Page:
The point is, Green School must engage and not preach. We stand on no pedestal of dogma: each of us is on a different stage of a journey. Those who have ethically sourced every stitch of their clothing might be taking more aeroplane flights than those carrying Prada handbags. The well spoken, middle-class climate change warrior who calls for all people to  take a week off work in protest at lack of green government initiatives has clearly not given a smashed avocado’s worth of thought to the factory worker on minimum wages who is already relying on foodbanks to help feed her family. The finger pointing guru on the protest march does not know that the Ferrari driver he’s screaming at might have planted a million trees and employed a thousand people into the bargain. (Now is not the time to start discussing whether carbon offset is just a modern version of medieval indulgences where you effectively bought your way out of hell – but you get the idea).

 

Now I confess, I’ve seen neith Prada bags nor Ferraris during the setting up of Green School but if I did, I would not start ranting. We must respect those unknown backstories. We should be grateful for the curiosity that has brought people to us. If we model Green School values and behaviours authentically, we will succeed. A warm and gentle sun removes a coat more quickly than a howling gale.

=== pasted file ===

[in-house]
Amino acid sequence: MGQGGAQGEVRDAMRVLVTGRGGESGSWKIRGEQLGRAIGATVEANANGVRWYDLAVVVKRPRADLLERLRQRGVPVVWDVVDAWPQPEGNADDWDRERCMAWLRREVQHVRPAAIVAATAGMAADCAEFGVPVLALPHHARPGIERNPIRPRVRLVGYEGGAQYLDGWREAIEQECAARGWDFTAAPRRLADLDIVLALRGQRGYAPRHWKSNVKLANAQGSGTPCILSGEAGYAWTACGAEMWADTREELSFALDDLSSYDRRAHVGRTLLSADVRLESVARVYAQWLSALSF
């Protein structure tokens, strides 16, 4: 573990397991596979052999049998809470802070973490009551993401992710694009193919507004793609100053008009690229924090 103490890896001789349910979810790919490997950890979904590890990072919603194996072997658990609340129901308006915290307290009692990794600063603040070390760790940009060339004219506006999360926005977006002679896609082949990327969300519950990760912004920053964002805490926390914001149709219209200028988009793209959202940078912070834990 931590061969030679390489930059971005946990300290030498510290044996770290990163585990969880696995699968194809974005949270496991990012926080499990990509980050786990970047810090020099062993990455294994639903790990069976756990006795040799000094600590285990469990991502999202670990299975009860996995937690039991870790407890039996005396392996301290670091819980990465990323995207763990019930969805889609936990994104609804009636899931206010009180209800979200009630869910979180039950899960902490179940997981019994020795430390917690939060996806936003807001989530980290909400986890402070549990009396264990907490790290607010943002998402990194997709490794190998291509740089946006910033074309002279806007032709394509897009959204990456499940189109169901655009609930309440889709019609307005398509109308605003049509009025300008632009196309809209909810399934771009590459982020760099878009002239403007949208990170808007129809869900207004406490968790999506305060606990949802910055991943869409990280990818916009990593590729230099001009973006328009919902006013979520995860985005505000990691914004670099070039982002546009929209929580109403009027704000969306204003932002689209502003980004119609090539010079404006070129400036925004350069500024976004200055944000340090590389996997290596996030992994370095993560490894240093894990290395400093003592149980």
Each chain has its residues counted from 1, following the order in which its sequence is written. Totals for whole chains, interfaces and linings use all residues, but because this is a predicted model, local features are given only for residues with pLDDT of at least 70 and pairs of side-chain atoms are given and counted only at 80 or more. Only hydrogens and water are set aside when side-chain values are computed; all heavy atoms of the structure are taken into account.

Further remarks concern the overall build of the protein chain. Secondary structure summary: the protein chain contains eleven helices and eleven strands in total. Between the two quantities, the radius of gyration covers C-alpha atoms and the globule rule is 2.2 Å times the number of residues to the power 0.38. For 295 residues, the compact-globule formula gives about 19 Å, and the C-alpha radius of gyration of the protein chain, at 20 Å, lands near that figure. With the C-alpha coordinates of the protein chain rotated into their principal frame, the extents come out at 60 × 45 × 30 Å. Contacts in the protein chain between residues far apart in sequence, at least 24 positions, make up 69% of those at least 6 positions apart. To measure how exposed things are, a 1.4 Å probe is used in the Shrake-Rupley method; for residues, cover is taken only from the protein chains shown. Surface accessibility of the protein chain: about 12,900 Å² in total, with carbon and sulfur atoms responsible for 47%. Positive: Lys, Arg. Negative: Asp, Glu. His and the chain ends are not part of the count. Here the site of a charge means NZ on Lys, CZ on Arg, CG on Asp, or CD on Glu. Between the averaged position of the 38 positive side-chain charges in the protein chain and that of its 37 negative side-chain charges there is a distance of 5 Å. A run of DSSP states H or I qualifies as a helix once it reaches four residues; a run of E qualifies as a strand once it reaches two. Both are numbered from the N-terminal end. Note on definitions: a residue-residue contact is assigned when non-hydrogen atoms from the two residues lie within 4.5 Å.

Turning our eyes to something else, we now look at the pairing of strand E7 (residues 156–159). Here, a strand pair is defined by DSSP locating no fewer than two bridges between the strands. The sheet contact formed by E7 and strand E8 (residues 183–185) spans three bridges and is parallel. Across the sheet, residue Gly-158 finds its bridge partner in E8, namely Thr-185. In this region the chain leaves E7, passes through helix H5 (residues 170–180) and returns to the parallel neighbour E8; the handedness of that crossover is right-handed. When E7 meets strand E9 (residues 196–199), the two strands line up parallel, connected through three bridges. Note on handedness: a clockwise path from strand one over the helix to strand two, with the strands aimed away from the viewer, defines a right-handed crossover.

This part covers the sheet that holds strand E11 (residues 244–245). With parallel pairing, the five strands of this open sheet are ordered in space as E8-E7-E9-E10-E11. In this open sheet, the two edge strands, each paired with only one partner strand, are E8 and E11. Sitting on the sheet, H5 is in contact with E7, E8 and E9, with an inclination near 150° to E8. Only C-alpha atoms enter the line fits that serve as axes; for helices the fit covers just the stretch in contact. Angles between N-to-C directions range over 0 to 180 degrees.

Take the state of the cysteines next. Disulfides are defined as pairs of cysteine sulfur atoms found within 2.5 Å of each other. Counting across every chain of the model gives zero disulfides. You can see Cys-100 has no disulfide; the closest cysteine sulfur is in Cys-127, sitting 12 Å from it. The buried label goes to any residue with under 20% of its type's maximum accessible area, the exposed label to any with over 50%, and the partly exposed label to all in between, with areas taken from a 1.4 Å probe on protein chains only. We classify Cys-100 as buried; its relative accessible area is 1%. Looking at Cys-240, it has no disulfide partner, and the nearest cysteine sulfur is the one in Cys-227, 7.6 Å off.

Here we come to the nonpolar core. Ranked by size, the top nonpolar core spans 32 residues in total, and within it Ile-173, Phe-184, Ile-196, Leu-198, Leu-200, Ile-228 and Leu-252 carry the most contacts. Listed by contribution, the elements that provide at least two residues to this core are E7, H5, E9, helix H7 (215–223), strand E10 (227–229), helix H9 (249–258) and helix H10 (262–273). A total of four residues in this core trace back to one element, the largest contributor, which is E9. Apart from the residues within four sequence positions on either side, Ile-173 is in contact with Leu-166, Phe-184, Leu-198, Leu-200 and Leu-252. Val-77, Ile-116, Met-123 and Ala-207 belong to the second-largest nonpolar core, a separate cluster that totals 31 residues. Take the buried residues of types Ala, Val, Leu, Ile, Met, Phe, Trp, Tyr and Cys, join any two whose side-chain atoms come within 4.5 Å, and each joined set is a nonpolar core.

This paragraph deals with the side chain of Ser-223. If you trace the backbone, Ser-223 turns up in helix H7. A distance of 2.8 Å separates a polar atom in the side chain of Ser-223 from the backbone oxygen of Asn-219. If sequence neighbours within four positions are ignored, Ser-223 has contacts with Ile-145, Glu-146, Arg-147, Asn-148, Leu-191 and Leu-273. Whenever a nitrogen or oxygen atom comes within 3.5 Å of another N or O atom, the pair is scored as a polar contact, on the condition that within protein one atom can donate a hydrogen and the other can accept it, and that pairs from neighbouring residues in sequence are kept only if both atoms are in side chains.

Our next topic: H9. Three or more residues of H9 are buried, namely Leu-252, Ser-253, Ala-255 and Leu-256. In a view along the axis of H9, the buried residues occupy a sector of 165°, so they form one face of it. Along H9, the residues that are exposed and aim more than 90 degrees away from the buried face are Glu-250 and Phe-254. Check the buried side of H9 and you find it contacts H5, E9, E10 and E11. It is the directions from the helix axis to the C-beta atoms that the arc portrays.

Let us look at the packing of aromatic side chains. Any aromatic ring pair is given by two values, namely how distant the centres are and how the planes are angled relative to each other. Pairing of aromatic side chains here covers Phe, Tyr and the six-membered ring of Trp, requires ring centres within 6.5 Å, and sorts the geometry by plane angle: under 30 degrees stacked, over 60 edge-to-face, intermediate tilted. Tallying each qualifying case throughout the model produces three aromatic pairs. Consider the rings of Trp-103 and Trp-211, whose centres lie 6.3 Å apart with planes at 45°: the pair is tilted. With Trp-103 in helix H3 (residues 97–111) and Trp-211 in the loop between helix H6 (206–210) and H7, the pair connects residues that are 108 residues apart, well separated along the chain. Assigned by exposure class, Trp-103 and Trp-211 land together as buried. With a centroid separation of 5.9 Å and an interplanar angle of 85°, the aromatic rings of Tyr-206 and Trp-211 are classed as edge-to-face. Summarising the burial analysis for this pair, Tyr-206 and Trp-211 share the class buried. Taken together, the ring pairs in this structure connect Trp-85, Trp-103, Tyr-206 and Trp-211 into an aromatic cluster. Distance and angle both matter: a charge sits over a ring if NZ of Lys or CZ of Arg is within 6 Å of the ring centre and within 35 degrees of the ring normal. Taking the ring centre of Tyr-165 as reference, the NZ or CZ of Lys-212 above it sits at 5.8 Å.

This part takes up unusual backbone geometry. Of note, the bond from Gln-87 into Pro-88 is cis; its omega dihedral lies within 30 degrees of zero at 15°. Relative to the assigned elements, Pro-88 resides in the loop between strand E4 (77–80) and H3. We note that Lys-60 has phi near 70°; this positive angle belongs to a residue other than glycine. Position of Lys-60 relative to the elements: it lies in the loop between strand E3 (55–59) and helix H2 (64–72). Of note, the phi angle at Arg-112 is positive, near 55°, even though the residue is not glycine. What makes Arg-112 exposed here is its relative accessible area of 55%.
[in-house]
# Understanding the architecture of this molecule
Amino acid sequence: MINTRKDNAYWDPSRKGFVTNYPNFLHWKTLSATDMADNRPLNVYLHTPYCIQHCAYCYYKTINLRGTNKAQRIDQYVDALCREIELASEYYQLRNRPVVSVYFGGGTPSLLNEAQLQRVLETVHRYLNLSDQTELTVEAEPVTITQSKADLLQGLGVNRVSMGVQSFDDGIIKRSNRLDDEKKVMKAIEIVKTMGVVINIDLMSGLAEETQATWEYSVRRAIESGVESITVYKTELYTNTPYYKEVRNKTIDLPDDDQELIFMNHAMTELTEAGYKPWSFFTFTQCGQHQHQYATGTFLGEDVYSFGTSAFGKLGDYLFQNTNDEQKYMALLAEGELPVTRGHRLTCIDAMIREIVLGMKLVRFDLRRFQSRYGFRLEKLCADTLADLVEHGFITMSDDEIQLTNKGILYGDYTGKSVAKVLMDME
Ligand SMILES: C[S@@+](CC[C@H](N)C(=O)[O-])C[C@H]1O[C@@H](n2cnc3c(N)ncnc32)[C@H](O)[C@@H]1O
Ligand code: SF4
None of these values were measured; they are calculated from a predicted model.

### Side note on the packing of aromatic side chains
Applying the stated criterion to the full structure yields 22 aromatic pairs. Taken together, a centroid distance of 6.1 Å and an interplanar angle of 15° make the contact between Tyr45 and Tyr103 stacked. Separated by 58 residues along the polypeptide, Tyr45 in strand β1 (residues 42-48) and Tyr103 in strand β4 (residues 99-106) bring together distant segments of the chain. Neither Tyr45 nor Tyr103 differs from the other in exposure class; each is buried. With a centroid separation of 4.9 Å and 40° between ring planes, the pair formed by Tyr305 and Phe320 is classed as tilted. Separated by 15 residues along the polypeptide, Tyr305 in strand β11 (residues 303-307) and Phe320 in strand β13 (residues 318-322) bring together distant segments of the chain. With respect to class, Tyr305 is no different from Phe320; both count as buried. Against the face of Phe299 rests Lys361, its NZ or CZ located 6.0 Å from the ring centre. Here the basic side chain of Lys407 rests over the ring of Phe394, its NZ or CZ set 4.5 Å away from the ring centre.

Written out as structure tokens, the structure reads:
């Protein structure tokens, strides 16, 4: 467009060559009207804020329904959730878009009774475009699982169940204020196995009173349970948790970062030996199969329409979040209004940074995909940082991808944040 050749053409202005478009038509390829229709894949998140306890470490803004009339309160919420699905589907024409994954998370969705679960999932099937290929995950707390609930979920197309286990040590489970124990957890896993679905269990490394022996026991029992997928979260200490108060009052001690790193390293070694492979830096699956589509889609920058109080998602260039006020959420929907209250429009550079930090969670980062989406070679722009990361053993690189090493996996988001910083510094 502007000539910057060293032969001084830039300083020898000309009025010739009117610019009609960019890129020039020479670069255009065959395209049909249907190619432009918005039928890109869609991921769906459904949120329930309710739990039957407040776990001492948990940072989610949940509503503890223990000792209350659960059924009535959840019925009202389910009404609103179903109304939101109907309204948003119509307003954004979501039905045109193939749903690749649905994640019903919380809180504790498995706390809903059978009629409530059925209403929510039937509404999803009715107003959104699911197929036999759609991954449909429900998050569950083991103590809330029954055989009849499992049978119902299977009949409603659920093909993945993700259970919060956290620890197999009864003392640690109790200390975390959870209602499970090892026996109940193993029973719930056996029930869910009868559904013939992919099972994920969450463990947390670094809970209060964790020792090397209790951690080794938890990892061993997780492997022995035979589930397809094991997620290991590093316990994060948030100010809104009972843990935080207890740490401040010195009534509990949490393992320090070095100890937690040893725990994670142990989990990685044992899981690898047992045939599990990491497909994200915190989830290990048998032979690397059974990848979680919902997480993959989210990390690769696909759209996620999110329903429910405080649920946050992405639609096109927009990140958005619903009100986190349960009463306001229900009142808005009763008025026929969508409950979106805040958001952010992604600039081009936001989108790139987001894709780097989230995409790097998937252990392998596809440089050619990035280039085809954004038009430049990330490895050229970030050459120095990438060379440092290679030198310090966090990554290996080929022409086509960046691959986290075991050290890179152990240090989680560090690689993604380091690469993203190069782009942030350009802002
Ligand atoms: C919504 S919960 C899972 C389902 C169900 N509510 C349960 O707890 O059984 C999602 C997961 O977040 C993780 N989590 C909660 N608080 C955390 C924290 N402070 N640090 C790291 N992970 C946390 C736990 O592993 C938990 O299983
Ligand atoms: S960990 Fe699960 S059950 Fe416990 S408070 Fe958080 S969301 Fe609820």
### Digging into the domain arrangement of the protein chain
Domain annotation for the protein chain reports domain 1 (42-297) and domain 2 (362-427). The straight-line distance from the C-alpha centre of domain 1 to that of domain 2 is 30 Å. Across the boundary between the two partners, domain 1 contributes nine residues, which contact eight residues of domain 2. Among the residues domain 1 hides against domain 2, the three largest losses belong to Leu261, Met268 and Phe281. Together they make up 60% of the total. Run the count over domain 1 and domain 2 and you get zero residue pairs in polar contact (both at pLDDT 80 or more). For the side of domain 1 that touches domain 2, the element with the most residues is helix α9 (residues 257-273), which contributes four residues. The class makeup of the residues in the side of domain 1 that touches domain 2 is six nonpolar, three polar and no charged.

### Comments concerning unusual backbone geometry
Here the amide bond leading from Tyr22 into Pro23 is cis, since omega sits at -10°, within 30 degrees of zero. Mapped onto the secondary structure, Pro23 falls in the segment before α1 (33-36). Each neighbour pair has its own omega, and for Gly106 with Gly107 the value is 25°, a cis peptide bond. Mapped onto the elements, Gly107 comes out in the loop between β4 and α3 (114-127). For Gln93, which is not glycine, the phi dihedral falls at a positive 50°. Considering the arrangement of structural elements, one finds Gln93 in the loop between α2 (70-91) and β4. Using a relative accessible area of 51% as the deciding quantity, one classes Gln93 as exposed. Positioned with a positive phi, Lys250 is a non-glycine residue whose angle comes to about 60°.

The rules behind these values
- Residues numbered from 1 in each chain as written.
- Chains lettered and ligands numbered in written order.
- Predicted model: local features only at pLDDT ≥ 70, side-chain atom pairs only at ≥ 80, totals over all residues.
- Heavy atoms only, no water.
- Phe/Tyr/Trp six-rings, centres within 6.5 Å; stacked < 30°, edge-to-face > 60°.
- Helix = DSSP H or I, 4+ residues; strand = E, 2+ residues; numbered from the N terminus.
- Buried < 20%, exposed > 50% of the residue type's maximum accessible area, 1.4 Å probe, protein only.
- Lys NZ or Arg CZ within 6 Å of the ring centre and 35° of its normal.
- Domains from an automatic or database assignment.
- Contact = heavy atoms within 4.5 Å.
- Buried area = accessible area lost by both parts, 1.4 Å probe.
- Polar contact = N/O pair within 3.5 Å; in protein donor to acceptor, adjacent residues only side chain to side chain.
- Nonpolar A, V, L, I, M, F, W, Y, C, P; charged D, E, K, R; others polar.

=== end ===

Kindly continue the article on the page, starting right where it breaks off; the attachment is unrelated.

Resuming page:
As  for what colour we are: I’ll leave that to the Lebanese/American poet Kahlil Gibran:

“Let me, O let me bathe my soul in colours; let me swallow the sunset and drink the rainbow.”

Sounds about right to me.

Chris Edwards, CEO Green School New Zealand

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27 January 2020 – Entry One

 

Written by Chris Edwards, CEO Green School New Zealand

 

My only recurring dream is about being a character trapped in the wrong book. The dream usually crumbles under its own weirdness because nobody wants James Bond rocking up in The Wonderful Wizard of Oz or Moby Dick splashing his way onto the dance floor in Pride and Prejudice. But recently I became trapped in the kookiest dream of all: I’m still in it and I have no desire to wake up.